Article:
I guess I understand why they did it. Forbid us from finishing the rally, I mean. Our axle had fallen out, after all.

Sure, we were running with one-wheel drive. Yes, all of the suspension hooked up to the back left wheel was busted, everything from the knuckle in.

Notice anything missing? Yeah, there should be a driveshaft in there.

But we had run 45 miles on the wheel. It looked bent in when parked, sagging with Stancenation-grade camber at a standstill. When driving, the wheel stood up straight, trying to stay flat against the road. Every time we took a right turn, the car heaved left as the wheel wobbled.


This was this weekend at the New England Forest Rally, up in the woods stretching from northern New Hampshire up nearly to Maine’s border with Canada. Our race ended the way a lot of rallies do — with near-complete mechanical failure.

I blame myself for it all.

It was a right turn, not exactly sharp, but reasonably tight. Right after another left. I quickly called that it was a right three, I wanted to be sure my driver would slow down enough before the corner. But I called the direction and the severity of the turn first. I paused for a breath before I added the rest of what was written in my notes: “stay in, rocks outside.”


Well, my driver Billy, he didn’t stay in. And he hit a rock on the outside. See how I think it was all my fault?

He blames himself for it all.

It was the second time we were running that stage. The first time around, the dirt was tacky. There was lots of grip on the dirt logging road we were driving.


The second time we ran the stage, dozens of cars had torn up the dirt. We might have been at the perfect speed for the first pass through this corner, but the second time we slid completely wide. What made things particularly bad was that the road was heavily crowned, so as we slid, the road started to suck us out to its edge, and that’s where the rock sat.

Bam, clipped it dead on the back driver’s side wheel. We raced like that for another mile an a half, soaring over crests at 90 miles an hour. Not shitting you on that. We were flying. How we survived I do not know.

On the transit after the stage, the driveshaft fell out. The wobble actually got a lot better after that. I think the diff must have calmed down when it only had one wheel to spin.


We doddled through the transit, overheated, then refilled the steaming radiator at the start of the next special stage. We cruised through there, the inimitable Fish Pond, lined with fans cheering us on for trying to reach the finish even as our car fell apart around us.

We made it all the way back to service where we realized we didn’t have any spare parts to fix the problem. You never break a knuckle for a wheel. You never expect a driveshaft to just fall out.


We buttoned the car back up and went to fill up with more gas to finish the final two stages.

As we pulled up to the refueling area, the chief tech inspector for Rally America spotted us and refused to allow us to continue. Our time card, our official link to our running in the rally, was ceremoniously pulled from my hands.

We argued that we only wanted to limp to the finish. We explained that we’d had mechanical failures dropping us out of our last rally and all we wanted was to finish this one. We asserted that we were safe to drive at low speed. We protested that we were following the spirit of rally, to Press On Regardless in the face of automotive adversity.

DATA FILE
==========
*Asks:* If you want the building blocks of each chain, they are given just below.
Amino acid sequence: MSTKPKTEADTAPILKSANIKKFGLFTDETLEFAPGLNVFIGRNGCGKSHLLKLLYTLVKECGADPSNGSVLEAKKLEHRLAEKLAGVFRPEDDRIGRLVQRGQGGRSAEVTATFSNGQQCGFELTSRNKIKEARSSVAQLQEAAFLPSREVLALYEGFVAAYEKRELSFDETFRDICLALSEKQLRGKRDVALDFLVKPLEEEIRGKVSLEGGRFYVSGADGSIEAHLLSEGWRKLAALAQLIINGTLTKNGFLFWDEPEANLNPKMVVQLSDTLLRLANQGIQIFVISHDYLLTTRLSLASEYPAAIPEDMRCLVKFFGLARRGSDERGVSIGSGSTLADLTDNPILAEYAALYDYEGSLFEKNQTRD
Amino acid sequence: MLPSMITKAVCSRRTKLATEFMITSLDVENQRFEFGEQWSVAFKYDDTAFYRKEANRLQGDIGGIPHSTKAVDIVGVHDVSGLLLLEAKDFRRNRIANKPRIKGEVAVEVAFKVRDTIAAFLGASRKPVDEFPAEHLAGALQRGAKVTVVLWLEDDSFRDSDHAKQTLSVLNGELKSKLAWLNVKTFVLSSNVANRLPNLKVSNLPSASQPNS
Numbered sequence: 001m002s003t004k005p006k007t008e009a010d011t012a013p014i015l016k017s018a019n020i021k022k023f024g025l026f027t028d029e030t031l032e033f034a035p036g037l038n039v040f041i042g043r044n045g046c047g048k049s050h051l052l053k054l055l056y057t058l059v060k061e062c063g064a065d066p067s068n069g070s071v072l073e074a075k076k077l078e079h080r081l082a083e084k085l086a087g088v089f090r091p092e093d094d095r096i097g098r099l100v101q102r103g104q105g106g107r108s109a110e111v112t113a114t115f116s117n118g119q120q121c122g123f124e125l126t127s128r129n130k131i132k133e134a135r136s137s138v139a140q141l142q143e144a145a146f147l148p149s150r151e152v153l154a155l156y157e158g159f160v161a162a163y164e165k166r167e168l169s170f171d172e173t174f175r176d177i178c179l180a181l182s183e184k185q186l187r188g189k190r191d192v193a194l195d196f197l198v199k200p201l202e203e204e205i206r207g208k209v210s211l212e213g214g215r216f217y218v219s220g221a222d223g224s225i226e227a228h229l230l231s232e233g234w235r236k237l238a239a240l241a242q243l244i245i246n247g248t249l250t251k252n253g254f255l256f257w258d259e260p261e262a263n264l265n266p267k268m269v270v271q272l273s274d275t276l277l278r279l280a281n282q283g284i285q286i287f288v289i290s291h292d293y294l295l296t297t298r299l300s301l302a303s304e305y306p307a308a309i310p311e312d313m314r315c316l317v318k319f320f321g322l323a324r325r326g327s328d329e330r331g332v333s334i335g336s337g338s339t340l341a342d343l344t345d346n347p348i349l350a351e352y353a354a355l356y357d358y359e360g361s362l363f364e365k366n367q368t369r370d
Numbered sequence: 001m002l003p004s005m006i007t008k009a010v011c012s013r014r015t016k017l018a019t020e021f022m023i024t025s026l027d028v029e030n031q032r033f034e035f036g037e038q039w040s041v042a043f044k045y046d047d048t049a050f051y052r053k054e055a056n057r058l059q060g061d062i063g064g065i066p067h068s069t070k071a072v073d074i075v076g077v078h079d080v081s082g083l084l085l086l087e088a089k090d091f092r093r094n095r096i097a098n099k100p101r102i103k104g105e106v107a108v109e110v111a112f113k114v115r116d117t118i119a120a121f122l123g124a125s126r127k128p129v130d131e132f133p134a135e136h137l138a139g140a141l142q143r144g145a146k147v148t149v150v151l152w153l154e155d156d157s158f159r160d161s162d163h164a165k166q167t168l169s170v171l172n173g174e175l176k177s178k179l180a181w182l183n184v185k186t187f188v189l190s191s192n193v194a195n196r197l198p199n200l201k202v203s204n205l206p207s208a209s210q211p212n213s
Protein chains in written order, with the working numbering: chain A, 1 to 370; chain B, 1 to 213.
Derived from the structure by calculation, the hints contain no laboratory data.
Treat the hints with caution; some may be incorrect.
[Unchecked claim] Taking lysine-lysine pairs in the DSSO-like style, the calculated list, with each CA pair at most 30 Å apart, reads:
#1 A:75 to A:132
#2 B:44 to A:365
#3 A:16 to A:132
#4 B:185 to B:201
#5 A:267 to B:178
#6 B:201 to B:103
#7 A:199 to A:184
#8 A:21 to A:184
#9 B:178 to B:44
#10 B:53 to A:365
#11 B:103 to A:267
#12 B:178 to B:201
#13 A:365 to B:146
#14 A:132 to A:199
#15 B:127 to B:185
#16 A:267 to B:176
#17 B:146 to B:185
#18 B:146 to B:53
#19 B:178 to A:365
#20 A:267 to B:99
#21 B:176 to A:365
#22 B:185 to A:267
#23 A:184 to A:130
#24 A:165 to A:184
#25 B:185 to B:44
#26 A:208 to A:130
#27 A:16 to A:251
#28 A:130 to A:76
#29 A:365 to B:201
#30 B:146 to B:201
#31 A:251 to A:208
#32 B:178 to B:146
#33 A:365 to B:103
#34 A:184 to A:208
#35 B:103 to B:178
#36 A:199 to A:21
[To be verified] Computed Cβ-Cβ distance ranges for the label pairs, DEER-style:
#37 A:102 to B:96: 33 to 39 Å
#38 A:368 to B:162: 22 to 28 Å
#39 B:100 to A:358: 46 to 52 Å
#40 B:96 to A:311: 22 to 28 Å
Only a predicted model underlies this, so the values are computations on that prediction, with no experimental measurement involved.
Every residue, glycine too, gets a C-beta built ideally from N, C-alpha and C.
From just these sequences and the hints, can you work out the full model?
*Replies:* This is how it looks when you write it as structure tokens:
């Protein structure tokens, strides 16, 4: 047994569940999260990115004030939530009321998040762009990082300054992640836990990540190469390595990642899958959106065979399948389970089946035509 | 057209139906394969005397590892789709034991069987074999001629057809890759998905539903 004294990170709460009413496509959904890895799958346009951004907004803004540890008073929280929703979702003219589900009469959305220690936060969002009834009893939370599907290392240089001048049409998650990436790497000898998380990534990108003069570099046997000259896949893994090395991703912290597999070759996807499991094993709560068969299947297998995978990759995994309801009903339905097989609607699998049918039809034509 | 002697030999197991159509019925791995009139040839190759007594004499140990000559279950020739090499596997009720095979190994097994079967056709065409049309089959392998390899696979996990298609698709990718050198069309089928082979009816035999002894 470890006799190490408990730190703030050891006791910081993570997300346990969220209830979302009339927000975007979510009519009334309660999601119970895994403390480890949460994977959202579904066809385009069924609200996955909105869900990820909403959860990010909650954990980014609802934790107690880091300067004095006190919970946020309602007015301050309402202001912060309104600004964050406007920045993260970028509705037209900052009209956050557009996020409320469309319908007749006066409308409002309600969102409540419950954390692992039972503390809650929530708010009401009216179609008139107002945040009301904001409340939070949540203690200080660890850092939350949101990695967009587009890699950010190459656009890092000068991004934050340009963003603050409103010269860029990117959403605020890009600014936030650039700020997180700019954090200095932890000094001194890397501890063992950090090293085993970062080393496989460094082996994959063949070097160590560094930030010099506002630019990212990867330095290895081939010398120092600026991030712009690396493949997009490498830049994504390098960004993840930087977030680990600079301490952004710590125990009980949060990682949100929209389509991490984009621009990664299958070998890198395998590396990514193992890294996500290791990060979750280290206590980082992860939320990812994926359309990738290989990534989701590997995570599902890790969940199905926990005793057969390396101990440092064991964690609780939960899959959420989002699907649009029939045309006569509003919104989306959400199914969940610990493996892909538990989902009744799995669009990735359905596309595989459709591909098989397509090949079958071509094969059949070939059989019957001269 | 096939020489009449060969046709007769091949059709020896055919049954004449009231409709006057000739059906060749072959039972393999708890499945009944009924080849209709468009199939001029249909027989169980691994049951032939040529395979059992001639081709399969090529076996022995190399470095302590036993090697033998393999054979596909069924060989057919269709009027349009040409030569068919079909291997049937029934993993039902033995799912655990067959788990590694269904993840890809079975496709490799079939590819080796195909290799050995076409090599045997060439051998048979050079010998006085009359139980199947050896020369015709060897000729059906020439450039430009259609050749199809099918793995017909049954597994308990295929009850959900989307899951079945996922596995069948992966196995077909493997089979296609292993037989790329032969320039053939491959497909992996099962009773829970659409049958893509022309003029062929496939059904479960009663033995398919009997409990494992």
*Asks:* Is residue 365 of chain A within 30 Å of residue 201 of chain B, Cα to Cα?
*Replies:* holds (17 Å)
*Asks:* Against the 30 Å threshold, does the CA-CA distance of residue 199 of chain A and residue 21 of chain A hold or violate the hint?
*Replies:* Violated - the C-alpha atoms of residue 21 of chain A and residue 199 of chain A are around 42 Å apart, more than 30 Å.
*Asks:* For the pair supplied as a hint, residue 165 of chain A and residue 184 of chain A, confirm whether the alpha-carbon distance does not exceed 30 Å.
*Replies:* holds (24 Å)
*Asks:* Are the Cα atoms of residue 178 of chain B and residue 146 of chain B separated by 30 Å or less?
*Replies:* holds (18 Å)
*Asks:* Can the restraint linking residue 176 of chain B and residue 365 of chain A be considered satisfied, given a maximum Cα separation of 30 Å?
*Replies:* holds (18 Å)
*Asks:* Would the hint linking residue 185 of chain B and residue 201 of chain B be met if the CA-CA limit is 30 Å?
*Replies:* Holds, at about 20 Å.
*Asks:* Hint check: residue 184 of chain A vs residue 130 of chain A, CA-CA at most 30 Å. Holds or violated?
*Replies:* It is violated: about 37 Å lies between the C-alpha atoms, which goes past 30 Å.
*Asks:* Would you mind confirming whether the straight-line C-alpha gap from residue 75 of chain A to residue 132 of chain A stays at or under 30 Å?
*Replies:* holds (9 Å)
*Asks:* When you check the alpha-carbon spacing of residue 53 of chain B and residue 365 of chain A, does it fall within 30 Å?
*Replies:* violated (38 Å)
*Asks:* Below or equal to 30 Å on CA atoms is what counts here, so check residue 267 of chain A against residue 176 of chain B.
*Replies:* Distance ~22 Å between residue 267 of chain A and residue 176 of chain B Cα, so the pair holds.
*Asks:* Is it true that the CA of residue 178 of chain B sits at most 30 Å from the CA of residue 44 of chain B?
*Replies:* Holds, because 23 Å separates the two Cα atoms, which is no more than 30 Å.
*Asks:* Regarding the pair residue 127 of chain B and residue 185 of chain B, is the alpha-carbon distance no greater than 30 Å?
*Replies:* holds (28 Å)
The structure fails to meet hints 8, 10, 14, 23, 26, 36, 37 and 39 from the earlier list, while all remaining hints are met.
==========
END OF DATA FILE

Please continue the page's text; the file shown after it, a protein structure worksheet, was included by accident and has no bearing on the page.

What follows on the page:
But the officials (probably quite rightly) deemed us unsafe to go any further. More than that, they argued, if they didn’t pull us from finishing the rally, the sheriff parked just outside service would probably impound the car himself. It didn’t exactly look like we’d pass inspection.

We loaded our Nissan 240SX into another team’s trailer and our rally was over.


It had been so good when it was all working. It took a little while to catch out rhythm but we were working so well together. As a co-driver I had a sense of how he wanted to hear his notes called. As a driver, he had full confidence in the car. The rear struts were blown, the hot turbo was pulling its bolts away from the exhaust and losing us boost, but the way were were wheeling the car through the turns was incredible. I remember calling two turns ahead — a sharp right, then a faster left and an even faster right after that.

Leading into that first right, he heaved the car all the way to the left. Our nose was pointed at the trees, then Billy threw the car back into the turn, completely sideways. It was trust alone at that point. Trust on my part that Billy knew what he was doing, trust on Billy’s part that the car would do what he asked of it.

And it all worked. The sideways lead into the first turn perfectly set us up to straighten through the next two. He knew exactly what was coming up thanks to my notes, and he knew exactly how to handle it thanks to over half a decade of rally driving.


But then we fucked up. We hit that rock. I called my notes too late, he misread the road, and it was all over.

In rally, that’s all it takes. And much as that clouds my mind now and over the past few days since we DNF’d, that’s part of what draws me to sign up again.

I’ll be kicking myself over that feeling when I sign another couple hundred bucks away for an entry fee. I’m sure Billy will be kicking himself too, when he ends up sleepless another night fixing the car.


Fuck rallying. See you at the next event.

Photo Credits: Raphael Orlove


Contact the author at raphael@jalopnik.com.